If you’ve ever broken a tumbler and thought nothing of it, think again. The business of crafting a bespoke glass is a lot like playing with fire
There was one thing I was wary of going into this glass blowing experience – breathing in when I should be blowing out. This of course, I could only assume would result in me inhaling molten glass. I didn’t bring attention to this terrifying vision when Isaac Katzoff and Stephen Bradbourne – the duo behind Monmouth Glass Studios – were showing me around their Henderson workspace. Thankfully, because it soon became obvious that you’d have to have super lungs to suck the thick molten glass up the 1.5m-long metal pipe before it cooled. I, despite practising my ujjayi breath in yoga two times a week, do not have super lungs.
Feeling a bit foolish for considering this the main danger, and not the proximity to 1000-degree furnaces, I gratefully accepted some arm protectors and a snazzy little pair of petrol-station sunglasses as my safety kit.
Isaac and Stephen then gave a flawless demonstration of how to make a very symmetrical tumbler. The “easiest thing to make” I was told.
By the end of the demonstration, I had lowered my expectations from producing a tumbler that I could smuggly sip a chilled gin and tonic from while telling anyone who asked – or hadn’t – that I had made it, to just making something, anything, that resembled a shape, preferably, tumbler-like.
The first step was to stand in front of the furnace of molten glass to see whether I could cope with the 1000-degree heat – something, Isaac says, is a true test of whether someone can be a glass blower. Now, try telling that to someone who takes ‘social’ sports too competitively, and then see if they fail. Not a chance, despite the hairs I swear I could feel burning on my arms – before putting on arm protectors – and the white dots dancing across my eyes when I could finally look away.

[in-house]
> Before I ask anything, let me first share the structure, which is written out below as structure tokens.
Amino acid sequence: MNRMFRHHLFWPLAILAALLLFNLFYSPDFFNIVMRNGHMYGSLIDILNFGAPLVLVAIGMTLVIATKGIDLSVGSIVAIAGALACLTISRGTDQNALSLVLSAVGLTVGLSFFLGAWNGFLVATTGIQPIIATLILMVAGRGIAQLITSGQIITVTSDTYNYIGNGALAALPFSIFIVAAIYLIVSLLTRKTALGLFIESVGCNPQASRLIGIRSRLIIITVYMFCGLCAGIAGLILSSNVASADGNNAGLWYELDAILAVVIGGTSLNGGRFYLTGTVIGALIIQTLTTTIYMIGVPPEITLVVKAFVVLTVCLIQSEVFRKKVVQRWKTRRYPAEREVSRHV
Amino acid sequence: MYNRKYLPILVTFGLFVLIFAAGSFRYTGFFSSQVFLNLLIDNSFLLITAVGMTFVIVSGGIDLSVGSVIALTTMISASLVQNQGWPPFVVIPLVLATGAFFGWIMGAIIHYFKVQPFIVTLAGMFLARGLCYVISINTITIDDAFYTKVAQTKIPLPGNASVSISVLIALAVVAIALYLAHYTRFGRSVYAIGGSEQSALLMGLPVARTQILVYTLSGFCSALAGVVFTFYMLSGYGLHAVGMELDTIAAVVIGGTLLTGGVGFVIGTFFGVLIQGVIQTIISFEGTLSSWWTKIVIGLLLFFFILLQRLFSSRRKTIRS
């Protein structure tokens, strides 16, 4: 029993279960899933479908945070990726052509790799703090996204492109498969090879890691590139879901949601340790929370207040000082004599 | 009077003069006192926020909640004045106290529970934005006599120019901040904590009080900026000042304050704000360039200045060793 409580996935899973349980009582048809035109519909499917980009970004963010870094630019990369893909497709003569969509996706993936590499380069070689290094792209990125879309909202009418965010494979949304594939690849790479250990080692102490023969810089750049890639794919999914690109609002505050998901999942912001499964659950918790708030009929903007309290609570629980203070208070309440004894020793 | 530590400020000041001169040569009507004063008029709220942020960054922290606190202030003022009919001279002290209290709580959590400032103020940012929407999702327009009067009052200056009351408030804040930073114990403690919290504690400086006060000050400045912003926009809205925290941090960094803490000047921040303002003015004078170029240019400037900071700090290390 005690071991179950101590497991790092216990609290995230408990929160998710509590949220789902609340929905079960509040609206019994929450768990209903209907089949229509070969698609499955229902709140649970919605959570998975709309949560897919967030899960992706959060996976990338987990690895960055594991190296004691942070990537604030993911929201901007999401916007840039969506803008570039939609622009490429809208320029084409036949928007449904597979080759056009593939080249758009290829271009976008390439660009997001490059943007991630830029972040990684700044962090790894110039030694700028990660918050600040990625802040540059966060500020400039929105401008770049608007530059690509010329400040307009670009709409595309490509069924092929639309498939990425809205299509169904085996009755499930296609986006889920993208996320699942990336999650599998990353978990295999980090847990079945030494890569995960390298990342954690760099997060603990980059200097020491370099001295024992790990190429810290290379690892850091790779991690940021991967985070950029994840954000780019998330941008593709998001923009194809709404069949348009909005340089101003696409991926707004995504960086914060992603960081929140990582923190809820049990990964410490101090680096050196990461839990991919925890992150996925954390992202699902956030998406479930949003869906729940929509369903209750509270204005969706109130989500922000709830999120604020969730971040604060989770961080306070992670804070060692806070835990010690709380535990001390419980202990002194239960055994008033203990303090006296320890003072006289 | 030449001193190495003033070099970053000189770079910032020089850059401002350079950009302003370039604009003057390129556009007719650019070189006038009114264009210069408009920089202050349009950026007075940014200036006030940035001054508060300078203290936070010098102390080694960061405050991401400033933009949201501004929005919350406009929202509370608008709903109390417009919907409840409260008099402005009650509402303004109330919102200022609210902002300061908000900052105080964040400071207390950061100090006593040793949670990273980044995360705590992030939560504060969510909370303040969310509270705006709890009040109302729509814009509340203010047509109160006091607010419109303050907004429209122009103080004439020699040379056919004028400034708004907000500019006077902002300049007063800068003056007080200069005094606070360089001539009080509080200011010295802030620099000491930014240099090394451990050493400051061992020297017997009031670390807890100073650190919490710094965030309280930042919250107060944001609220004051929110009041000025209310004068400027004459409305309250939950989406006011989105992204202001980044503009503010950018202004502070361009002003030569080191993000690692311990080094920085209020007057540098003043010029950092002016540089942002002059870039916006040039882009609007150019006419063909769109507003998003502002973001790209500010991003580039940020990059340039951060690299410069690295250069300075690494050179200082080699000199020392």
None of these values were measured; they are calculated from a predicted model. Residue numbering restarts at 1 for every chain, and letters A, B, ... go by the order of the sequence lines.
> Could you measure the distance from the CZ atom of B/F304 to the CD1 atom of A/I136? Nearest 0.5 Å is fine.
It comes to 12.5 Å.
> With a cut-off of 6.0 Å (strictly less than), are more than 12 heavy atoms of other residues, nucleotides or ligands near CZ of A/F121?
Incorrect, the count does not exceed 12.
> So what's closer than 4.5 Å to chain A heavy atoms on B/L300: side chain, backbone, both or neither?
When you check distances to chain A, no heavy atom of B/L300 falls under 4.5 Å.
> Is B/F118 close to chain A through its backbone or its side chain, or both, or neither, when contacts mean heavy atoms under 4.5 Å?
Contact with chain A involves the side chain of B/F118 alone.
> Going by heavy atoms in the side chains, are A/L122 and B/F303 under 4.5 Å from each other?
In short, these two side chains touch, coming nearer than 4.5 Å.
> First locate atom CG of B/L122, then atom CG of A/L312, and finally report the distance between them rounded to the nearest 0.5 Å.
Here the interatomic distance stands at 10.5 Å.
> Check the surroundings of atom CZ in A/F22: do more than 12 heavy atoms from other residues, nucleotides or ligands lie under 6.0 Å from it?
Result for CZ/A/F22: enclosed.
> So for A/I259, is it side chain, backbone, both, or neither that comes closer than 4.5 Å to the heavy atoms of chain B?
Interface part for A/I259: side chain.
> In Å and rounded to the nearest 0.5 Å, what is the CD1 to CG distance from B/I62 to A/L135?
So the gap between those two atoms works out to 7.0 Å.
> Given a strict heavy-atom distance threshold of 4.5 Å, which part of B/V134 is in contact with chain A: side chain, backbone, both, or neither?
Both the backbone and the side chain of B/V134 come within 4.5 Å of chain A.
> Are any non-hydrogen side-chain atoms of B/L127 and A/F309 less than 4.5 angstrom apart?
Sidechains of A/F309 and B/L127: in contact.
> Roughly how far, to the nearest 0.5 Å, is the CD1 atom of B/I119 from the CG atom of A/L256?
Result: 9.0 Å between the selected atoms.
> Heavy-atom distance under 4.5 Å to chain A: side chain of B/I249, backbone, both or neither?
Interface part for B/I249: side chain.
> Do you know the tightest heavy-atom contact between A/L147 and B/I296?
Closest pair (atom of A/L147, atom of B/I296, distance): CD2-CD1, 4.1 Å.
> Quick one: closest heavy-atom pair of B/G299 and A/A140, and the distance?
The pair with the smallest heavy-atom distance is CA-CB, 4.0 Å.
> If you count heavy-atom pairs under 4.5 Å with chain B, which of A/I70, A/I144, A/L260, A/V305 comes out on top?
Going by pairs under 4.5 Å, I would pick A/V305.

Next, having established that I could withstand the heat, I had to “gather”. Which, put simply, involves gently dipping your pipe into the aforementioned furnace and slowly completing three full turns until enough molten glass has “gathered” on the end.
Following this was blowing into the pipe until a large enough air bubble had formed within the gathered glass. At the same time, constant turning of the pipe was required to keep the hot glass from falling onto the floor. On reflection, this was the hardest part. Working with glass requires not only a soft touch but a quick and decisive one because creating the shape can only be done while the glass is hot, which isn’t for very long. Even with Isaac’s clear instructions, it was a challenge to keep up with the requirements of this fast-paced art form. And, trying to mimic his flawless technique was laughable. Rolling semi-formed glass in colourful glass shards to achieve the ‘speckled’ effect was a case in point. Where Isaac deftly rolled his glass to achieve a consistent coverage, my attempt can at best be described as a heavy-handed series of dunks.
My first tumbler failed halfway through due to some overzealous blowing. The bubble broke through the glass and this piece is now called ‘objet’.
My second attempt ended up in the kiln intact, which was just thrilling. While I’m unsure whether my final “tumbler” – which we are generously calling it – may be used as a gin drinking glass because the rim is somewhat thick, it resembles the shape of a tumbler, and for that
I am immensely proud.
There’s something about watching artists at work that gives you a greater appreciation for the pieces they produce. While I have always held Monmouth’s work in high esteem, watching the effort and skill that goes into making each object propels the value of that piece even higher, in my opinion. Then, after trying to do it myself, I can’t help but feel humbled by their mastery of the craft.
Words by: Bea Taylor. Photography by: Kate Battersby.